The second round playoff series between the Raptors and 76ers is a battle of contrasting strengths. Where Philadelphia has been a top rebounding team all season and is the undisputed leader on the glass in the playoffs, Toronto is known for their transition offense that runs on turnovers, misses and makes and neither team was going to back away from what has worked for them.

Thru the first three games Philly had owned the glass, collecting over 55 percent of the total rebounds, averaging four more offensive boards and dominating second chance points by a total of 25. Toronto had 20 more fastbreak points over those first three games, but they were down 2-1 in the series and head coach Nick Nurse wasn’t enjoying getting beaten up on the glass.

“The biggest thing was the rebounding,” Nurse admitted. “It just felt like we were getting pushed around a little bit in the last two games (games two and three) around the glass.

“We were looking were looking at some options of how to combat the problems we were having and that obviously entertained that Serge (Ibaka) and Marc (Gasol) would be playing together.”

Just how desperate was Nurse to fix this rebounding problem? Well, in the four games thus far the pairing of Gasol and Pascal Siakam playing 96 minutes together was only netting the Raptors 47.2 percent of the boards and perhaps even more concerning, the pairing of Ibaka and Siakam was leading the Raptors to only 44.3 percent of the available boards. Say what you want about the issues of rebounding with “small line-ups” on the floor. Toronto was getting pushed around with two bigs on the court.

“Serge is not really a center,” Kawhi Leonard observed. “He’s a power forward.

“We did a good job at working on it at practice the last two days (after game three) and those guys (Gasol and Ibaka) spaced out the floor well, got to their spots.”

Nurse played Ibaka and Gasol together for 23 minutes in game four and the combination helped the Raptors garner 54.5 percent of the rebounds during their time together. It helped Toronto stay even with the 76ers on the glass for the game, wiped out the 76ers advantage in second chance points and the Raptors still were a +7 in fast break points.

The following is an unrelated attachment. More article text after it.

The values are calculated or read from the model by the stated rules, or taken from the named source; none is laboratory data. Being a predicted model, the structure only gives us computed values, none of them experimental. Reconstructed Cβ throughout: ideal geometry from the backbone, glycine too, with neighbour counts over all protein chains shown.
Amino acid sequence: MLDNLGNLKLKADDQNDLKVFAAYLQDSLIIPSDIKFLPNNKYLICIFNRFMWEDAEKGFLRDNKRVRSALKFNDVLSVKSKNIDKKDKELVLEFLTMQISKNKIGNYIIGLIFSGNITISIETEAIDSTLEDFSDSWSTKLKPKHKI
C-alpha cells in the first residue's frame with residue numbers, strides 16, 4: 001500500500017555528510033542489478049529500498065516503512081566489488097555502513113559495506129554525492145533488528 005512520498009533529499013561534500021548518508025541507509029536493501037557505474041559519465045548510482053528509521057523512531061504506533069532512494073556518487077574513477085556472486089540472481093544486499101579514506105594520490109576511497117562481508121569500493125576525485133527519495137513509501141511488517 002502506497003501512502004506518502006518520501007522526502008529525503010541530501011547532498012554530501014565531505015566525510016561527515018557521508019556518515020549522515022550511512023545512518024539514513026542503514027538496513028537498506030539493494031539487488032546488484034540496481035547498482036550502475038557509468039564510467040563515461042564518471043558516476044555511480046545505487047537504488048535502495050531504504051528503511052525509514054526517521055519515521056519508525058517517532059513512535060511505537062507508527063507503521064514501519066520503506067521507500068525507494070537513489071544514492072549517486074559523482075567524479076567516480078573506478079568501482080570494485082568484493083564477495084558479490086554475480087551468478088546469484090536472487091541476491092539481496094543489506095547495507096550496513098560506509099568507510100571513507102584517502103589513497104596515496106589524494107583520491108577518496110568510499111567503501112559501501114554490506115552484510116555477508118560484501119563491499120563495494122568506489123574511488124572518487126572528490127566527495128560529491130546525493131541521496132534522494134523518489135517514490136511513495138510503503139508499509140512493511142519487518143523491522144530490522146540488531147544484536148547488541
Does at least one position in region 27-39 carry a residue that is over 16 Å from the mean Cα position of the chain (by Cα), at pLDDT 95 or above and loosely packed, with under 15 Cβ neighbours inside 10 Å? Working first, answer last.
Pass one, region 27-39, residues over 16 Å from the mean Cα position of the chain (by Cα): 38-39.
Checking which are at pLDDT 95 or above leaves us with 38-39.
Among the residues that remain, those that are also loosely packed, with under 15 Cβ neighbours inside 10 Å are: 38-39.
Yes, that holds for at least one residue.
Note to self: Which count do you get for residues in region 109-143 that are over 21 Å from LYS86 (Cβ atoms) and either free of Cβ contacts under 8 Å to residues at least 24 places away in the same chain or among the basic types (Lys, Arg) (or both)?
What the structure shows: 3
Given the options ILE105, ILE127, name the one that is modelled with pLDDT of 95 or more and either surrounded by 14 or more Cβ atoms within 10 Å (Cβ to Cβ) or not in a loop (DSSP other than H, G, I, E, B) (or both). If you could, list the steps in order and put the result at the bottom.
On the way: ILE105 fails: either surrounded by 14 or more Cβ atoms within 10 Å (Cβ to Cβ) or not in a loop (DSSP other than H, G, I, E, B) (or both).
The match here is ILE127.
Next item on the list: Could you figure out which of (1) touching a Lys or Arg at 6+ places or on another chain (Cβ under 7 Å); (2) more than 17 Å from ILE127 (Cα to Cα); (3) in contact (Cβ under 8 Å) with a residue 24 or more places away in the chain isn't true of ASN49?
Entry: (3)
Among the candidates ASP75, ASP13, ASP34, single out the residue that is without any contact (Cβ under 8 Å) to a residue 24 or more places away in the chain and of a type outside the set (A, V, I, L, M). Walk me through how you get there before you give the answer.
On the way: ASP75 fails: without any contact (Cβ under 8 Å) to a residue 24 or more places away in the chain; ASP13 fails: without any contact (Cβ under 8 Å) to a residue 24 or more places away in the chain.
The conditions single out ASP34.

“Tonight we just had more athleticism and size and it just looked that way and looked like the rebounds were affected by that,” Nurse said after game four.

“I think it was a size advantage for us believe it or not.”

This has been a series of coaches going with their team’s strengths, making adjustments and counter adjustments.  Now it’s up to 76ers head coach Brett Brown to find the next move.

Nurse found a way to counter his adversary’s biggest advantage in game four. If the 76ers can’t out-rebound the Raptors and continue to give up points on the fast break, it’s hard to see Philly stealing another game in this series. But Brown isn’t one to coach scared.

 

Stephen_Brotherston_insideStephen Brotherston covers the Toronto Raptors and visiting NBA teams at Scotiabank Arena and is a member of the Professional Basketball Writers Association.

 photo credit Larry Millson

 

NBA Philadelphia 76ers Ben Simmons

76ers To Focus On Offense To Improve Defense In Game Two

Things didn’t go as planned for 76ers head coach Brett Brown in game one of his team’s second round playoff series with the Raptors, but he was dead serious when he said he wasn’t coaching scared. He likes his team’s offense and based on the comments from practice on Sunday, the focus will be on doing offense better to improve his squad’s defense.

“Adjustments rule the day,” Brown said at practice. Not that he was about to give away any secrets, but not to worry, his players were very talkative.

“We didn’t move (the ball),” Ben Simmons explained. “It’s not on them. It’s on us. Passing the ball and moving, cutting, slashing. We just got to be more consistent in moving the ball and passing.”

In a way it makes sense. The Raptors thrive in transition off of turnovers, missed shots and even made shots, but if Brown can find a way to make his opponents work harder on defense, those fast breaks and just plain fast offensive sets could be just a little tougher to execute.

“In game one there were too many missed baskets by us that was leading to their transition and getting out in the open court,” Tobias Harris said. “The biggest thing for us on the offensive end is to make them work for everything they have out there.”

Now that’s an honest assessment by the 76ers. The Raptors turn defense into offense as well as anyone in the Association. Philadelphia can’t afford to let Toronto run them out of the gym by setting the Raptors up for fast breaks.

Not surprisingly, the 76ers purest shooter didn’t like what he saw offensively in game one either.

“We have to be better offensively,” JJ Redick said. “Their defense was fantastic last night. We were significantly better when we passed twice or more. So we have to realize this may not be a first option offense for us. We may need to be able to get to the second side, second third options to break down their defense.”

Therein lies the rub for this recently thrown together starting unit where every player can put up 20 or more points on any given night. Sacrifices will have to be made. Good shots passed up to give someone else a better shot and all those other postseason clichés that are sometimes true. Coach Brown will have his work cut out for him.

The biggest thing standing in Brown’s way may be….